Brilliance Gone Bad

Notice the rust along the dark slats. This was in use for 9 months.

Notice the rust along the dark slats. This was in use for 9 months.

Last March, I departed Wellton, Arizona with what I hoped was a practical way to keep sharp kitchen knives protected, but handy. There are no reasonable (or safe) wall options for magnetic bars in the Four Wheel (unless you consider installation to the inside of a cabinet door safe), and no storage space for massive butcher block sheaths.

I decided to go with individual blade sheaths, partially in order to keep my options open for which knives to bring along on tour, and which to leave behind in the TT. In the hardware store I once worked at, they offered a knife-sharpening service, and card stock sleeves were used to safely store and handle the finished knives. Oh, that I had a half-dozen of those! There are all sorts of DIY sleeves on the Internet of course, based on Read more…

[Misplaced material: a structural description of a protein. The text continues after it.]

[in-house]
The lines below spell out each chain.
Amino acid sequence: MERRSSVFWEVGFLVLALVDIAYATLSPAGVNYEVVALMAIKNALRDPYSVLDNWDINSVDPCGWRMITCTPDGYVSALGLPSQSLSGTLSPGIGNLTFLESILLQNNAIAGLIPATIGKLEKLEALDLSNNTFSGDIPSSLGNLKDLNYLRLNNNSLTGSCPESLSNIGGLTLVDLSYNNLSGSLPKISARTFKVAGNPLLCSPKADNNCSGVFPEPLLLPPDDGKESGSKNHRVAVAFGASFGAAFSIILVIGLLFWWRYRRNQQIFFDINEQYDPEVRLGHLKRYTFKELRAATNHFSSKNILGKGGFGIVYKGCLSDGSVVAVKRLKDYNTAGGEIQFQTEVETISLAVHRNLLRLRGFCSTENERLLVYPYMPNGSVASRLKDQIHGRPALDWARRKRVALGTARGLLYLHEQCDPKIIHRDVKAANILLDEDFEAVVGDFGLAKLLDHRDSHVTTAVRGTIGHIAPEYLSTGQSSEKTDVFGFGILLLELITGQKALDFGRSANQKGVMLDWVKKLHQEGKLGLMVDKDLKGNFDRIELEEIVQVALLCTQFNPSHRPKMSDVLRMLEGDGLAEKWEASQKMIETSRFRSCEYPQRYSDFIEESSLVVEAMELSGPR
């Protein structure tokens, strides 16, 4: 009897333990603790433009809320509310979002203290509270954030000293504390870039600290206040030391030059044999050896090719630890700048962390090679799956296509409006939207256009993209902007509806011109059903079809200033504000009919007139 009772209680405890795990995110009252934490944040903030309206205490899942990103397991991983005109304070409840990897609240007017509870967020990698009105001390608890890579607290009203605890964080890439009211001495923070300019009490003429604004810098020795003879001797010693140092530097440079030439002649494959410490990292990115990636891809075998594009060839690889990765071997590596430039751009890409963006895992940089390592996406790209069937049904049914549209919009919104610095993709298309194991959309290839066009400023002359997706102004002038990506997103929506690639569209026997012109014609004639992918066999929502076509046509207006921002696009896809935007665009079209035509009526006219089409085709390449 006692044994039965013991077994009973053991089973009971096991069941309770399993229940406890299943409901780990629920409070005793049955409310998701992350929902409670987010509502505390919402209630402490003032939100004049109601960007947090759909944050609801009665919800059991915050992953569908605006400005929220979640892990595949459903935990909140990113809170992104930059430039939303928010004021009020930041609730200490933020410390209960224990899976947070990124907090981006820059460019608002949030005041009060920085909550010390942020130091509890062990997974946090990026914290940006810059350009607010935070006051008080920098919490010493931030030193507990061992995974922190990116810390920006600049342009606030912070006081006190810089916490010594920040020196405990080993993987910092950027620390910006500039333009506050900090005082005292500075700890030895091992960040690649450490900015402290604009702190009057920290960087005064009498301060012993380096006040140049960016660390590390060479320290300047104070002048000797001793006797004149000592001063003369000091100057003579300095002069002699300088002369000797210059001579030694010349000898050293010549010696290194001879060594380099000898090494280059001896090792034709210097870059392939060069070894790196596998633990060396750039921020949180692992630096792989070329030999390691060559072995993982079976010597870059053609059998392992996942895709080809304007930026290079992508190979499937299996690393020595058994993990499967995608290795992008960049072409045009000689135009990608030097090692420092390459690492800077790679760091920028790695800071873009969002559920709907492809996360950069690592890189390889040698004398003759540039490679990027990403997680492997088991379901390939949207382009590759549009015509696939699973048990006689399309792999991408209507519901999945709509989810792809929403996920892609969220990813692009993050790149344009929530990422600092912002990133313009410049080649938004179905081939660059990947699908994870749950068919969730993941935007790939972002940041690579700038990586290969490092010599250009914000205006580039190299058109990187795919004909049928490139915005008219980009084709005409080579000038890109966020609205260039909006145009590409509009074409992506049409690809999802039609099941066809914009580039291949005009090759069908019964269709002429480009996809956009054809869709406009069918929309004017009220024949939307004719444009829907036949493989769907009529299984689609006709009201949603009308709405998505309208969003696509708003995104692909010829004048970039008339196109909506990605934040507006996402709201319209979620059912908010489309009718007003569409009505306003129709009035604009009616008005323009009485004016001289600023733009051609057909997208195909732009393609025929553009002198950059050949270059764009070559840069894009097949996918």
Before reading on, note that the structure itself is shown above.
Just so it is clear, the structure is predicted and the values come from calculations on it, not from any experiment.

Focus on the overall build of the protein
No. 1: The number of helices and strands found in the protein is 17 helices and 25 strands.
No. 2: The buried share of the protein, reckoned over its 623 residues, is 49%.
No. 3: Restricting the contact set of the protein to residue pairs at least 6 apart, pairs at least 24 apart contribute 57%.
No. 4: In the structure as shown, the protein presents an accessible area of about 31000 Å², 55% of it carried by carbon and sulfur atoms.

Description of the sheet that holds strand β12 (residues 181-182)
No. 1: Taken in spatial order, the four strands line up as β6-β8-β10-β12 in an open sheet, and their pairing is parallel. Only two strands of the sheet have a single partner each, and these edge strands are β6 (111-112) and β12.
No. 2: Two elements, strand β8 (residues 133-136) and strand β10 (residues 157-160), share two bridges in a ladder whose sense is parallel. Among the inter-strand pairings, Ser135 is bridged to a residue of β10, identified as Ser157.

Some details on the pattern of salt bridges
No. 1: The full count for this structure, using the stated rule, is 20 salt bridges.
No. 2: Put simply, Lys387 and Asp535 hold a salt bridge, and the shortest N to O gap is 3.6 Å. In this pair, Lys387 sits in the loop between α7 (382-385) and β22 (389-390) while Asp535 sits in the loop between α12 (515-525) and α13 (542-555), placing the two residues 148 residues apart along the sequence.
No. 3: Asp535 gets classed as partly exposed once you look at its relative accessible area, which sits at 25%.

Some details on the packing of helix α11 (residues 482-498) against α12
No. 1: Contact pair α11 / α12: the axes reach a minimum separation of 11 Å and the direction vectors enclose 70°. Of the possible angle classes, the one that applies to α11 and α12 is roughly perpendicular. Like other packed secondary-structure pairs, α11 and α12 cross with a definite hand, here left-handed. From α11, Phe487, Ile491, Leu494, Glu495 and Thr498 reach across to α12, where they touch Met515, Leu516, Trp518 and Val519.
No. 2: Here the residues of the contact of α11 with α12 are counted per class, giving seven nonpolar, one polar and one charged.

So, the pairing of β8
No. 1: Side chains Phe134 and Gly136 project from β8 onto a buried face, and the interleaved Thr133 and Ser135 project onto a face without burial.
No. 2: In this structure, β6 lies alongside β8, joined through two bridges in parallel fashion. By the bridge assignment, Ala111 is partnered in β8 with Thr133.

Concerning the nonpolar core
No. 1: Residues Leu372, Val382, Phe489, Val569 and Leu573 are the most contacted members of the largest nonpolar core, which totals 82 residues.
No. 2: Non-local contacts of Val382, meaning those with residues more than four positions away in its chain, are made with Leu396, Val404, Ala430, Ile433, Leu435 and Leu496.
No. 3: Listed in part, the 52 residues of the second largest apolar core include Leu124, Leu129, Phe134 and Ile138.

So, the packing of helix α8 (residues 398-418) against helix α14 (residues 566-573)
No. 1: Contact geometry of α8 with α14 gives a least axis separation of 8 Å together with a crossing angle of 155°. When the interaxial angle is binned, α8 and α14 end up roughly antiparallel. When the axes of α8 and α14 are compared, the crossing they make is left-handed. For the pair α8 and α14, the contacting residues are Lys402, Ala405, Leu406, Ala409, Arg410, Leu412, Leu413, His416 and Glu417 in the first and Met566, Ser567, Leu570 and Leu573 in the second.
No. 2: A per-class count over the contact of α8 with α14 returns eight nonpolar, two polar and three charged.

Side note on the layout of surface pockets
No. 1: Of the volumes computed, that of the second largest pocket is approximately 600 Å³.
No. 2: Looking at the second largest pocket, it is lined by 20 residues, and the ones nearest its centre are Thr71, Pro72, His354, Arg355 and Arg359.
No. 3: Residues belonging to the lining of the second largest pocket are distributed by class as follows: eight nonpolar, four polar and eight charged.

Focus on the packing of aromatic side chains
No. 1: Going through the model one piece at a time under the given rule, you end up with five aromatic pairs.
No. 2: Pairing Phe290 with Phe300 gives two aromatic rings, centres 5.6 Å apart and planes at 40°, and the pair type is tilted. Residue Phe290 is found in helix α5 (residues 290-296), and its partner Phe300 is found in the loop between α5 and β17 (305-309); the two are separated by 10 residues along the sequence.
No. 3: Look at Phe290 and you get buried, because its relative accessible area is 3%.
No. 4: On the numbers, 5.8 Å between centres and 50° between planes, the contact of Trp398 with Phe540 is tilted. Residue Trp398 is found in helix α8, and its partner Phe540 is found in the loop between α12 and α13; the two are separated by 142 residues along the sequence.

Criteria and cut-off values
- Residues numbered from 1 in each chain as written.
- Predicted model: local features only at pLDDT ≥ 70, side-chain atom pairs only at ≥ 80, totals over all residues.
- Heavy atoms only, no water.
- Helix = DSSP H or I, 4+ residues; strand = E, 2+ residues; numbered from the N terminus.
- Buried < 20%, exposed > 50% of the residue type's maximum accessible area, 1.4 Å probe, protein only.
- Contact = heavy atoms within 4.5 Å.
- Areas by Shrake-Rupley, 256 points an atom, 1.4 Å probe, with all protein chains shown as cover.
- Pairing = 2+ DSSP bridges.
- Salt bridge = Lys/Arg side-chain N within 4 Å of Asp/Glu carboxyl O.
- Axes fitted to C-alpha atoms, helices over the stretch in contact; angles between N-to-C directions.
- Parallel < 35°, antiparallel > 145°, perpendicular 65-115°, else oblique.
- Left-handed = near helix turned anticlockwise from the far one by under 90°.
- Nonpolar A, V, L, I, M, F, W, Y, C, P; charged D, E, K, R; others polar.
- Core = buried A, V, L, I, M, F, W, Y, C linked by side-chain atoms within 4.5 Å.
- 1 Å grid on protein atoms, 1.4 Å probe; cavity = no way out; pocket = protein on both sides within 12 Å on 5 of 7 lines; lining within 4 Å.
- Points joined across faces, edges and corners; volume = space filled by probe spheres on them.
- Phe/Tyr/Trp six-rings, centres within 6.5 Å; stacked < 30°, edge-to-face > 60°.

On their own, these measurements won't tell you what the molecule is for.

Traction Jackson

This is from an annual mud bogging event called Mudfest. This careworn 2WD Dodge pickup didn't make it through the trough of gumbo, but it wasn't from lack of trying!

This is from an annual mud bogging event called Mudfest. This careworn 2WD Dodge pickup didn’t make it through the trough of gumbo, but it wasn’t from lack of trying!

[This post is a long one, so you may want to read some and return later. I do not follow the convention of breaking it up into its components, since each of those components interweave with each other to some degree. When the overall topic is finding traction, I’d just as soon publish an article that can serve as a reference, than shotgun the thing just so I can get more web traffic, with the hope that you will consider subsidizing my lunacy. (That comes later, after I’ve established my empire. But don’t worry, I won’t be sending in Brownshirts or anything, for intimidation. They’ll be more like Desert Sage-Shirts, or possibly Taupeshirts… Camo has been SO overdone!) Thus if you have an interest in this traction topic, you can saw your way through. And if you don’t care to infect yourself with it, you won’t be subjected by its different parts for weeks.]